Last update: 2023-06-23
- Tuberculosis (TB) is caused by bacteria (Mycobacterium tuberculosis)
- TB most often affects the lungs.
- Tuberculosis is both curable and preventable.
- TB is spread from person to person through the air.
- When people with lung TB cough, sneeze or spit, they propel the TB germs into the air. A person needs to inhale only a few of these germs to become infected.
Most vulnerable to severe consequences
- People living with HIV or suffering from other conditions that decrease people’s immune defences, such as diabetes, are especially vulnerable.
- Children are vulnerable because of their weaker immune systems.
Most vulnerable to contracting the disease
- Tuberculosis mostly affects adults. However, all age groups are at risk.
- People living in crowded and poorly ventilated spaces where there are people with infectious TB. These can include prisoners, migrants and socially marginalized people.
- People who are infected with HIV are 18 times more likely to develop active TB.
- People with undernutrition are 3 times more at risk.
- Alcohol use disorder and tobacco smoking increase the risk of TB.
- Cough with sputum and blood at times
- Chest pains
- Weight loss
- Night sweats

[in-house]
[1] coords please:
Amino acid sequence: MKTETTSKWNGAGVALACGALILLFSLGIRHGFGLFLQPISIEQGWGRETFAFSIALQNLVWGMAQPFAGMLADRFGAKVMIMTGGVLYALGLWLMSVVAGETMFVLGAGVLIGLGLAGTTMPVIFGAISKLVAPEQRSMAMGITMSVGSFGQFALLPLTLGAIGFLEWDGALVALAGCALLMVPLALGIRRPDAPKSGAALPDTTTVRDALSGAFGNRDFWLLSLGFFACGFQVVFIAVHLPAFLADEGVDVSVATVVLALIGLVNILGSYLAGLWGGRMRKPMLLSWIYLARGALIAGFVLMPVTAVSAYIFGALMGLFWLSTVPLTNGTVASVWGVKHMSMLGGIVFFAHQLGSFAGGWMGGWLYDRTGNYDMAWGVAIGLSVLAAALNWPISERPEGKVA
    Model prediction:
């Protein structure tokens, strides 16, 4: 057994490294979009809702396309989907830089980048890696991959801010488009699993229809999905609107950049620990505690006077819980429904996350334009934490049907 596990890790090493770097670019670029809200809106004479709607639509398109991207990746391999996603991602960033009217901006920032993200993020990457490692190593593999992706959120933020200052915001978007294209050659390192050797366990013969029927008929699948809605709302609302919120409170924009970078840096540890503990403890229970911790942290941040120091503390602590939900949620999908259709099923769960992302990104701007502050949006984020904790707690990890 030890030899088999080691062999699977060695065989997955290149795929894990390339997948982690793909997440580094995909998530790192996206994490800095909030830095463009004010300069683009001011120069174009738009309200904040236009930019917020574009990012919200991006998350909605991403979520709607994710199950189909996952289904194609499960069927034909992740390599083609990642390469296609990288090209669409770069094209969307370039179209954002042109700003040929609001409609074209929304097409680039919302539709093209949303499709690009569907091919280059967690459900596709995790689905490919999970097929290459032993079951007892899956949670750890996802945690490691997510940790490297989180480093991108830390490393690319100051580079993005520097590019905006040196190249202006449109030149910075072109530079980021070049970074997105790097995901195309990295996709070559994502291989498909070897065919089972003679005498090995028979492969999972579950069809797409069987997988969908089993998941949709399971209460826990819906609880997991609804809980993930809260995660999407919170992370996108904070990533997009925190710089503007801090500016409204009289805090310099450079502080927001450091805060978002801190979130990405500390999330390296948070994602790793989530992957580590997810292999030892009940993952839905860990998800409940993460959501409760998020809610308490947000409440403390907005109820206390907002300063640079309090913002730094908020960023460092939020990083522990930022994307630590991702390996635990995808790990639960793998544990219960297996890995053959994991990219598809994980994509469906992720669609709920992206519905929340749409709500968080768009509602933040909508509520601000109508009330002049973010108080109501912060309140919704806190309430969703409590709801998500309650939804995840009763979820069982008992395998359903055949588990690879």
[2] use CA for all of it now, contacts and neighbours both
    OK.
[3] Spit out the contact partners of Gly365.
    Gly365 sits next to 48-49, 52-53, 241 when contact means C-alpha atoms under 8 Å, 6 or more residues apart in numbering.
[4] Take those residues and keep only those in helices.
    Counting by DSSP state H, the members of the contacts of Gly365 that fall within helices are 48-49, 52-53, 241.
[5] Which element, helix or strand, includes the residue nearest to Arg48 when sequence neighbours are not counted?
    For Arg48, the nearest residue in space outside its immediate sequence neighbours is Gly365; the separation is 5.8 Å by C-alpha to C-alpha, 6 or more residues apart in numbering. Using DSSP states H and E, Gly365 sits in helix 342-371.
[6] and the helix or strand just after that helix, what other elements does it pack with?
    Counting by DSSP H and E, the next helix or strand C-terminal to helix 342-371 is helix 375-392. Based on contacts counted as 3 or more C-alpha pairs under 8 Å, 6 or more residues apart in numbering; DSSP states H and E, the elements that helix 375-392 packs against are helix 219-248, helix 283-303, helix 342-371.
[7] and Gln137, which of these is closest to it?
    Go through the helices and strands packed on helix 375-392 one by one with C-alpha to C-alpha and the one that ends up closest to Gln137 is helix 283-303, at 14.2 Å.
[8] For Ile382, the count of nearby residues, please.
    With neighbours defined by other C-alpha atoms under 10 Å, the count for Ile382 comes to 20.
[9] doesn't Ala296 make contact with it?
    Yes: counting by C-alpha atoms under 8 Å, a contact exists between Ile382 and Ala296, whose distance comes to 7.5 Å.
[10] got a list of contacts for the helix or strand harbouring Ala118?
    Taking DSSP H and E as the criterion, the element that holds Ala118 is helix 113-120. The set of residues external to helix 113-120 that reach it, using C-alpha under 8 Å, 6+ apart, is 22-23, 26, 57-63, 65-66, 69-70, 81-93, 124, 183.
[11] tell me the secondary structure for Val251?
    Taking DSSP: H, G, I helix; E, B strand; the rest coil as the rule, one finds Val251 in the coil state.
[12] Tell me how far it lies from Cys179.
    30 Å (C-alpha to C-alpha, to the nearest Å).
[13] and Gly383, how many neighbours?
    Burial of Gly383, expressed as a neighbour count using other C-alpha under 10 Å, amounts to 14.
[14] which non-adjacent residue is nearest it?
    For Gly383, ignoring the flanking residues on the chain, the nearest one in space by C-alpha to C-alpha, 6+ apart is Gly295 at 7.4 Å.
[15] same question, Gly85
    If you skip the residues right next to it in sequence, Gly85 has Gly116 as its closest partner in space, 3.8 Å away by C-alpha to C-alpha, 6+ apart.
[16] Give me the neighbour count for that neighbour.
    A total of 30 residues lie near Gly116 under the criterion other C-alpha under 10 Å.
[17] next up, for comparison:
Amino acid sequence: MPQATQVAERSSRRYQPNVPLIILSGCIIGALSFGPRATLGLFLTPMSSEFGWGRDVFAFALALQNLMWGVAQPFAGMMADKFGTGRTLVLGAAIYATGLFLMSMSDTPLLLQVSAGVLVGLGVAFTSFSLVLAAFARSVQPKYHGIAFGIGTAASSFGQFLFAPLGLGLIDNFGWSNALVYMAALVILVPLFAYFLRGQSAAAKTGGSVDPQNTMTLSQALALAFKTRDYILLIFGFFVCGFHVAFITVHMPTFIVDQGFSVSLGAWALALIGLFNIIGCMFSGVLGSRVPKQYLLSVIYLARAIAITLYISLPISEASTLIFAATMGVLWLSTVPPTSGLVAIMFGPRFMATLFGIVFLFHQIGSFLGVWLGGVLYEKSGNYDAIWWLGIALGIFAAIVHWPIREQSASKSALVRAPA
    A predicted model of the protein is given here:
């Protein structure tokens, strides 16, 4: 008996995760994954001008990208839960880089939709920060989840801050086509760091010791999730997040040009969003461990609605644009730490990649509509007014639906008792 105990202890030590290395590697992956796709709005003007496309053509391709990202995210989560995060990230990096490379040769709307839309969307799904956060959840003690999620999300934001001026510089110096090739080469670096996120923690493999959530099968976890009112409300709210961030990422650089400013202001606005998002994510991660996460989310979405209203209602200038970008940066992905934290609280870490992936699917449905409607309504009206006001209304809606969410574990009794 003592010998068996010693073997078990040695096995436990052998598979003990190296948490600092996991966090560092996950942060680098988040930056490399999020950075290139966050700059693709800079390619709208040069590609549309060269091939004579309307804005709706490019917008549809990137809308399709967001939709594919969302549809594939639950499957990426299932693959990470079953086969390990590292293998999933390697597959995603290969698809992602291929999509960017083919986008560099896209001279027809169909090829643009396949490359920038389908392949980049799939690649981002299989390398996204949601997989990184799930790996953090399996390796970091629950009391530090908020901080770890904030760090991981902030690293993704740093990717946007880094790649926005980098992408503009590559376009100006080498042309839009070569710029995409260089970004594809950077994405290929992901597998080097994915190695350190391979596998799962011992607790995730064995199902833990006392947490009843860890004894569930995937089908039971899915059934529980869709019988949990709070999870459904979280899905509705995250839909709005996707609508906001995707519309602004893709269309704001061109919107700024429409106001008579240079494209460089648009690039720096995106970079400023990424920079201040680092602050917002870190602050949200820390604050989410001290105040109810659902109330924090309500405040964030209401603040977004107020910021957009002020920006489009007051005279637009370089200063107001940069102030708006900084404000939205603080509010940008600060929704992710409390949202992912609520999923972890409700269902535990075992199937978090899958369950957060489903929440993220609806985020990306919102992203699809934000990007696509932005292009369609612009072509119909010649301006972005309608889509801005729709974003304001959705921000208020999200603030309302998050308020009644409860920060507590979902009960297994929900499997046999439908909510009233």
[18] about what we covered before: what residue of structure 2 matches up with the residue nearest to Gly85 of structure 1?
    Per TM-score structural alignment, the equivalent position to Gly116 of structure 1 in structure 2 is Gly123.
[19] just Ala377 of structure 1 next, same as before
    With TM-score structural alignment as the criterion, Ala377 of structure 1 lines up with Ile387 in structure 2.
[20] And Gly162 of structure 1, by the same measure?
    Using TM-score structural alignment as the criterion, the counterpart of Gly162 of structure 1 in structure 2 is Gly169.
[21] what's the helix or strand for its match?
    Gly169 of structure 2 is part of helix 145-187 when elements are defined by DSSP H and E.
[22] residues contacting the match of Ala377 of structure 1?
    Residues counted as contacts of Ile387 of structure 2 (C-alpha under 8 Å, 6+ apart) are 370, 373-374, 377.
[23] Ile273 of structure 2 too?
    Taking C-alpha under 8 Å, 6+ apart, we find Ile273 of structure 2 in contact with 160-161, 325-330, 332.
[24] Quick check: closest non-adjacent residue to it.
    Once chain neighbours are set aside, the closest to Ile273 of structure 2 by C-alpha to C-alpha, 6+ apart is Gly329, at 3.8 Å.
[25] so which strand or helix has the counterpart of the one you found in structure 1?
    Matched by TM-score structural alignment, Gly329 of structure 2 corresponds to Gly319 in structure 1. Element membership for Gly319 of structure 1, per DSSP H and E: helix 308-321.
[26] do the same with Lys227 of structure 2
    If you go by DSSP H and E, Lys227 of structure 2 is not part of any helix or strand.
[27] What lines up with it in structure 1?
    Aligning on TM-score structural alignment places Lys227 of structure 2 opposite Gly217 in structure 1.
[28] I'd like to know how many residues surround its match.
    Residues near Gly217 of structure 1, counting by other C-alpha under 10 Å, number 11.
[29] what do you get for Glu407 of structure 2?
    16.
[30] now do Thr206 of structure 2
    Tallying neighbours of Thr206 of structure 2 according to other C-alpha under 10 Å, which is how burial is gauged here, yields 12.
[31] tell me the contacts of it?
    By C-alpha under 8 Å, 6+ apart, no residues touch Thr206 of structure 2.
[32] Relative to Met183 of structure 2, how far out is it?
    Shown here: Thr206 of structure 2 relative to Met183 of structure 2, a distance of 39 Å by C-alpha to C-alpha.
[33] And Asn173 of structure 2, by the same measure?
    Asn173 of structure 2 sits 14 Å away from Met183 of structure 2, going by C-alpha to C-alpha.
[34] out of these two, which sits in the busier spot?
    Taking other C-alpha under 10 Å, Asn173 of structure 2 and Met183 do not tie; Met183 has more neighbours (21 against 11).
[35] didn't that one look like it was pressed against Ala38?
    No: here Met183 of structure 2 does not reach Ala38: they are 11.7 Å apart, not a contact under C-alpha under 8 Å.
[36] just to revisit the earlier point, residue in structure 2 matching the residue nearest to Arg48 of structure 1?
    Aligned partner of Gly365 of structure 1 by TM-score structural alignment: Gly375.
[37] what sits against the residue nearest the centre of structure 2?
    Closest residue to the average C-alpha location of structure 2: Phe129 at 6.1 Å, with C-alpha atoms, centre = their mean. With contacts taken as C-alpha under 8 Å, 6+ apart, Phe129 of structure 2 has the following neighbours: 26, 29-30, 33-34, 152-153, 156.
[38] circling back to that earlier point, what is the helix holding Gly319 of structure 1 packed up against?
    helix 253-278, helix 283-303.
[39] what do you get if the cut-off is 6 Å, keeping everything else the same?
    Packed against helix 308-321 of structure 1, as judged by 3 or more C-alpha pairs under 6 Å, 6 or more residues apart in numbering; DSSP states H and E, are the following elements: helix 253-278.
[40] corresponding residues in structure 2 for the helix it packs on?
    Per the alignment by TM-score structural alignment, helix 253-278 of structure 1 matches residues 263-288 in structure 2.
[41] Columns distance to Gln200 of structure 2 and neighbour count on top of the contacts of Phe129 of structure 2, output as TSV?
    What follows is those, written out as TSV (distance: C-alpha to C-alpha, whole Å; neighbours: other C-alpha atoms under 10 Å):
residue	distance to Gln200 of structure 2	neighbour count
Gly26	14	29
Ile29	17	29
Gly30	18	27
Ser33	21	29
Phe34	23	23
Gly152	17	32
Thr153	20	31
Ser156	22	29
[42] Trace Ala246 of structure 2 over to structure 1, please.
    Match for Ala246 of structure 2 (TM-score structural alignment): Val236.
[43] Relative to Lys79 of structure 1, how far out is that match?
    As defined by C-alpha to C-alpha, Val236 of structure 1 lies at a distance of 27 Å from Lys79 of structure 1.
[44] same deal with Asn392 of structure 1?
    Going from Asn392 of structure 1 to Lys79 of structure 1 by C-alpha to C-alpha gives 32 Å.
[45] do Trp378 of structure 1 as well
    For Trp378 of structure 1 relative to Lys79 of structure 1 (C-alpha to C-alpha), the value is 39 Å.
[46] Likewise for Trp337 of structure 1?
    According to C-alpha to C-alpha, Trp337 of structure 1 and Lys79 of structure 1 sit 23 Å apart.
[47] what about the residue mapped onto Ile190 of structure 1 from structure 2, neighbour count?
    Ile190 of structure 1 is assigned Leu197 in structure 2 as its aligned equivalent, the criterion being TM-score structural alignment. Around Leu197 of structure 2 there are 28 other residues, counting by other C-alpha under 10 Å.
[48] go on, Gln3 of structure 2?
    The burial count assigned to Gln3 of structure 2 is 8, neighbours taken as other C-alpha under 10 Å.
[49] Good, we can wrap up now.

What can you do to prevent and control an epidemic?
Prevention and control
- Community awareness and identifying people suspected to have TB
- Inform communities on main symptoms of TB
- Identify people with TB symptoms in the community
- Promote basic precautionary measures for infection control and social distance advice at family and community levels
Treatment and management
- Identify and refer symptomatic cases to health facilities.
- Provide psychosocial support to those under treatment and their family members.
- Support people with TB in your community to adhere to treatment. That is, to take medication according to the recommendations of a health care provider. Adherence is important for people with TB to get better, to control the spread of infection, and to minimize drug resistance.
Social mobilization and health education / promotion
- Priority health education target groups are at risk groups and those who are sick with TB and their families.
- Stigma against TB and TB/HIV should be strongly addressed
Mapping and community assessment
- Make a map of the community.
- Mark the following information on the map:
- How many people identified with TB symptoms? Where?
- How many people have been referred to health services?
- Who and where are the vulnerable people?
- Where are the local health facilities and services?
- Where do people obtain their medication?
- Record the following information on the back of the map:
- When did people start to observe TB symptoms?
- How many people live in the affected community? How many are children under five years?
- Are there people in the area living with HIV?
- What are the community’s knowledge, practices and beliefs about TB and TB-HIV coinfection?
- Amongst those people with TB, what are the knowledge, concerns and beliefs about TB treatment?
- Is a social mobilization or health promotion programme in place?
- Are TB treatment services accessible?
- Which sources do people use/trust the most for information?
- Are there rumours or misinformation about TB
- What are the rumours?